For Academic Staff
Colleagues with teaching responsibilities should note that they may require a formal flexible working agreement if they are unavailable to teach at fixed times during the teaching week / term. The Timetabling Team will check with the Head of School and/or HR colleagues whether such arrangements are in place.
Requesting a change
If the Flexible working request is approved, a Staffing Request Form should be raised on the using the 'amendment to contract' functionality. Please note that the new working pattern for the staff member will also need to be confirmed as part of the request. Once approved the change will be updated by HR Operations within Trent. Please note that changes to the total number of working hours will also change annual leave entitlement which will be reflected in Employee Self Service once HR Operations have updated Trent. Changes from full-time to part-time working will usually lead to annual leave entitlement being recalculated and being booked in hours. Please see the Flexible Working Flowchart for the stages of the process.
If the total number of working hours per week is staying the same, but the change is to the way in which the hours are worked across the week, then this should also be requested using a Flexible Working Request Form and following the Flexible Working Procedure. If the Flexible Working request is approved, then the completed form should be sent to HR@reading.ac.uk. An update to the working pattern in Trent is required. This information is used by Trent to calculate the absence information such as annual leave entitlement or the amount of sick pay received in the event of any absence. Once approved, the change will be made by HR Operations. Please see the Flexible Working Flowchart for the stages of the process.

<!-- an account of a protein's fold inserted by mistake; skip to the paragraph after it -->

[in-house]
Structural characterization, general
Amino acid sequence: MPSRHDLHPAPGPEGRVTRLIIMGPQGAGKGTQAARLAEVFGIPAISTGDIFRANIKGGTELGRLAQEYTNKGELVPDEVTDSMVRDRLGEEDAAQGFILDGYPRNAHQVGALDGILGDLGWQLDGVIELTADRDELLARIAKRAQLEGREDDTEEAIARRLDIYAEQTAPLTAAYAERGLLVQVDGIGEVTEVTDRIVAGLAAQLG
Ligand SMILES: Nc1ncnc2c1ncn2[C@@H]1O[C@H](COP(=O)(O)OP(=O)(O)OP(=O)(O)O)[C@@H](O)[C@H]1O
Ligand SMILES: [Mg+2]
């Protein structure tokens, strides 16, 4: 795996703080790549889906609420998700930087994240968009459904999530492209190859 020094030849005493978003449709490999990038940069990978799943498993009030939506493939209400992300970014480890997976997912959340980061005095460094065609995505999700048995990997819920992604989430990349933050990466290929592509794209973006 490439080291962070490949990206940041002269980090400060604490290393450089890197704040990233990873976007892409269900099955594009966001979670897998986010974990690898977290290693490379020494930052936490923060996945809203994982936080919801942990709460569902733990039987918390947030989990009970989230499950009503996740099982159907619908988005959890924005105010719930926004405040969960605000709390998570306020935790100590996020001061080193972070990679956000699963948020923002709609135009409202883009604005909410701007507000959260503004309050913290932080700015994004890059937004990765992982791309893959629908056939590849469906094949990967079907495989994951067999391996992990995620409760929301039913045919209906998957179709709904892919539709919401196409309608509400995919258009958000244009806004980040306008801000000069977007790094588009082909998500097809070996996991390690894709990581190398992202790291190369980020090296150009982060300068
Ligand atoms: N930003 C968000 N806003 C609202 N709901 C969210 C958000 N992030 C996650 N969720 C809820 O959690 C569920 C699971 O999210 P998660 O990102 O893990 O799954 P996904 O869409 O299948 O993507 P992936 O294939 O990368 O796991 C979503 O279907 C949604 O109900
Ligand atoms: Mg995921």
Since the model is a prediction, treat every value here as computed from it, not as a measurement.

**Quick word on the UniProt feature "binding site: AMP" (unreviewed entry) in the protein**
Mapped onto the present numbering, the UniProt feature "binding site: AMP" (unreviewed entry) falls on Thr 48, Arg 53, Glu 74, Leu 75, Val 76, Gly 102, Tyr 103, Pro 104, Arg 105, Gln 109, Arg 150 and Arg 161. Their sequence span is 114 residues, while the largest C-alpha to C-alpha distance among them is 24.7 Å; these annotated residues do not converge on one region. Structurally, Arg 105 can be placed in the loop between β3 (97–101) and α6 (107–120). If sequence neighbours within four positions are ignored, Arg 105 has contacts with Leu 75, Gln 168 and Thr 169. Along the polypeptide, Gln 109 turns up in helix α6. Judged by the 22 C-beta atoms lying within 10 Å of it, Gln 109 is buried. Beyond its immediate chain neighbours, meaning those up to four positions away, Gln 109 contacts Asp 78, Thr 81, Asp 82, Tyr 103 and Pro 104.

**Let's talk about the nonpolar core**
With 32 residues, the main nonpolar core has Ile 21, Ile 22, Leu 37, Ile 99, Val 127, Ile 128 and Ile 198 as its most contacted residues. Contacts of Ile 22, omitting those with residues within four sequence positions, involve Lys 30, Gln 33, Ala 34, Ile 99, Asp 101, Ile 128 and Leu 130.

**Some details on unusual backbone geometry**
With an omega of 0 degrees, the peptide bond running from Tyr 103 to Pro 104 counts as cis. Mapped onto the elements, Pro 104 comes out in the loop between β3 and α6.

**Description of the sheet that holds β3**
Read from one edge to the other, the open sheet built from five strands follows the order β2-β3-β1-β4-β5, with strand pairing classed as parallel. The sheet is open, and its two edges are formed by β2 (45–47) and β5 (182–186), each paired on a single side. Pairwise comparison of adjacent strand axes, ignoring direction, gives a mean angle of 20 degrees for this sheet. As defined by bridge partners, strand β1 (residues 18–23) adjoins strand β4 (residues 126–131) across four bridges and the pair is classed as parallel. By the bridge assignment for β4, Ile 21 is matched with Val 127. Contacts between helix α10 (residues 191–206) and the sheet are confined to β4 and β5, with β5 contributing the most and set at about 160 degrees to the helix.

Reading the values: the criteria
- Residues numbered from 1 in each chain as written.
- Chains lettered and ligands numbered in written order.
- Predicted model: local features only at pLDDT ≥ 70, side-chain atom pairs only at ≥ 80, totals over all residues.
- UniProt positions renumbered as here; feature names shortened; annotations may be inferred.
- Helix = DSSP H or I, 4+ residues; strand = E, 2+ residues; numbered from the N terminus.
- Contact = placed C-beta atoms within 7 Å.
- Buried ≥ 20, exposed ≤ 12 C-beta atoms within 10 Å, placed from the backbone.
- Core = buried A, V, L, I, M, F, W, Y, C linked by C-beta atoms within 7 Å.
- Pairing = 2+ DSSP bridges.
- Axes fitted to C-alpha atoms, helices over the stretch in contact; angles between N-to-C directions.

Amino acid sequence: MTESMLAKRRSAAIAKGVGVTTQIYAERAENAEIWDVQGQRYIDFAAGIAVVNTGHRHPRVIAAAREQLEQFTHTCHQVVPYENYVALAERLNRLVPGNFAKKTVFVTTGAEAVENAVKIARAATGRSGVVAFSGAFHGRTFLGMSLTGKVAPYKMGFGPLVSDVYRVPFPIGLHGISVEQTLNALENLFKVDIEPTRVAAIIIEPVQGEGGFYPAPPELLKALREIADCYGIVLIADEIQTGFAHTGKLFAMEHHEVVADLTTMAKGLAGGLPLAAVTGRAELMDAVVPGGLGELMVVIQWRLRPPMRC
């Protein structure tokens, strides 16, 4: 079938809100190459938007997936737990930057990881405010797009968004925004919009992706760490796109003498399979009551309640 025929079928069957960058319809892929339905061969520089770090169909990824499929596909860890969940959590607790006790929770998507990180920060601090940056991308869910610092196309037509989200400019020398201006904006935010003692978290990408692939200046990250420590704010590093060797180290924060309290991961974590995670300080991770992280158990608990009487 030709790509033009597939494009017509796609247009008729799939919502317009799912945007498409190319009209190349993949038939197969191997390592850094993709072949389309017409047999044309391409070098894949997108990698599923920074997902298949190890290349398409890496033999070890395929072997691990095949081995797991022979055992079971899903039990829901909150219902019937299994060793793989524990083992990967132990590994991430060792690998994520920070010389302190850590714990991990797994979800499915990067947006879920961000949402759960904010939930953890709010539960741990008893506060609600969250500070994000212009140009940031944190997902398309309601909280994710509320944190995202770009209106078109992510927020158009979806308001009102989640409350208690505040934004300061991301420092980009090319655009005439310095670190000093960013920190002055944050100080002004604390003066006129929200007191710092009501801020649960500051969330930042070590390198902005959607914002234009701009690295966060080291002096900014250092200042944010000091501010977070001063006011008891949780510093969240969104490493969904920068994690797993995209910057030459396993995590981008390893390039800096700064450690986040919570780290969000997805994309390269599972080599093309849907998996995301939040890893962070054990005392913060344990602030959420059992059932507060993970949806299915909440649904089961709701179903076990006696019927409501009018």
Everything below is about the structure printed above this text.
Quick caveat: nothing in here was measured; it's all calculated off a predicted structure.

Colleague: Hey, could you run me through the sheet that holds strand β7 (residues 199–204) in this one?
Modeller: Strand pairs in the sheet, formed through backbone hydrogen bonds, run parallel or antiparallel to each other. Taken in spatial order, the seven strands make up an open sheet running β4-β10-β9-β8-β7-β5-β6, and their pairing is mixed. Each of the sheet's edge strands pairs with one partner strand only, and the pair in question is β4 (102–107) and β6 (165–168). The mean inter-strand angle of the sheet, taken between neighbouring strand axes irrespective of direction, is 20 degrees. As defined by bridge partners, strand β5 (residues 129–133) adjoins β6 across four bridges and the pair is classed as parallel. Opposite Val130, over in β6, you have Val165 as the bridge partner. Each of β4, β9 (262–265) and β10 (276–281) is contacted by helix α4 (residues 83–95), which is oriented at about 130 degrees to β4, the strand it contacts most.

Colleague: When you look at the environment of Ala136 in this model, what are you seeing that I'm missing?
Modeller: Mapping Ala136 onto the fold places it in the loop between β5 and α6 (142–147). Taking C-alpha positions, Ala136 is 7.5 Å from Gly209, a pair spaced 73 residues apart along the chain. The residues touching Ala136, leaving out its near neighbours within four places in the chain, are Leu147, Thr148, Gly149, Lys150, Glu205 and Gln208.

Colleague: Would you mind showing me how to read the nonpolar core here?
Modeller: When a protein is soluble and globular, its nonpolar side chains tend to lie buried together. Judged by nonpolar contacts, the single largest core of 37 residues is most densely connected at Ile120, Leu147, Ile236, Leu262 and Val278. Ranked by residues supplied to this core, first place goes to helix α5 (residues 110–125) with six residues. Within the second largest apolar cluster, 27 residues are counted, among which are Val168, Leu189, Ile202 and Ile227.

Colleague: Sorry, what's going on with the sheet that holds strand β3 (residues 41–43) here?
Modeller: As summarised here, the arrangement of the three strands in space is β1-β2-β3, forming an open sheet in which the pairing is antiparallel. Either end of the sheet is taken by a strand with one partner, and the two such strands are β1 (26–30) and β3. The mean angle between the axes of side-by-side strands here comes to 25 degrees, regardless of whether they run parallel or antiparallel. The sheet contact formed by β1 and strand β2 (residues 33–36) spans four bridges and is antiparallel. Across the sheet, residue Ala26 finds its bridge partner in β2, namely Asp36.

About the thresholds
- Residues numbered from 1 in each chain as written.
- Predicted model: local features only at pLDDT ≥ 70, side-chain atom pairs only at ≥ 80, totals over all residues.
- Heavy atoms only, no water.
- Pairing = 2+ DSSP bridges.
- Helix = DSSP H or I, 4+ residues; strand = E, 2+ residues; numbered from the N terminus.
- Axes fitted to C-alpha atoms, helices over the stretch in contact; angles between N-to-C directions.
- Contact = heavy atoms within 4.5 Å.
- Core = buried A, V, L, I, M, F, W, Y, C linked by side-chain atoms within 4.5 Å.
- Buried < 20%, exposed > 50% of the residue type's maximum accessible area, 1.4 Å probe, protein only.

Requests for temporary or short-term changes which do not affect overall working hours or FTE and therefore have no impact on salary or annual leave entitlement can be discussed and agreed between colleagues and line managers an informal basis and there is no requirement to complete a Flexible Working Form.
Place of Work
Under the University Smart Working framework, many colleagues have flexibility over their work location for part of the working week. A Flexible Working Request is required where colleagues are seeking fixed days working remotely or from home.
Our campuses play an important part in developing and strengthening our University community and the majority of roles will require at least a regular presence on campus, unless there are specific circumstances which must be considered, requests to work 100% remotely will not normally be agreed.
Consideration should be given to the impact on the service being provided and on other colleagues and the wider team.
Requests to work from a remote location overseas must first be considered by the Head of School/Function in conjunction with the HR Advisor/Partner. Working overseas often has significant tax and financial liabilities for both the University and for the individual. Working overseas will usually require prior UEB level approval.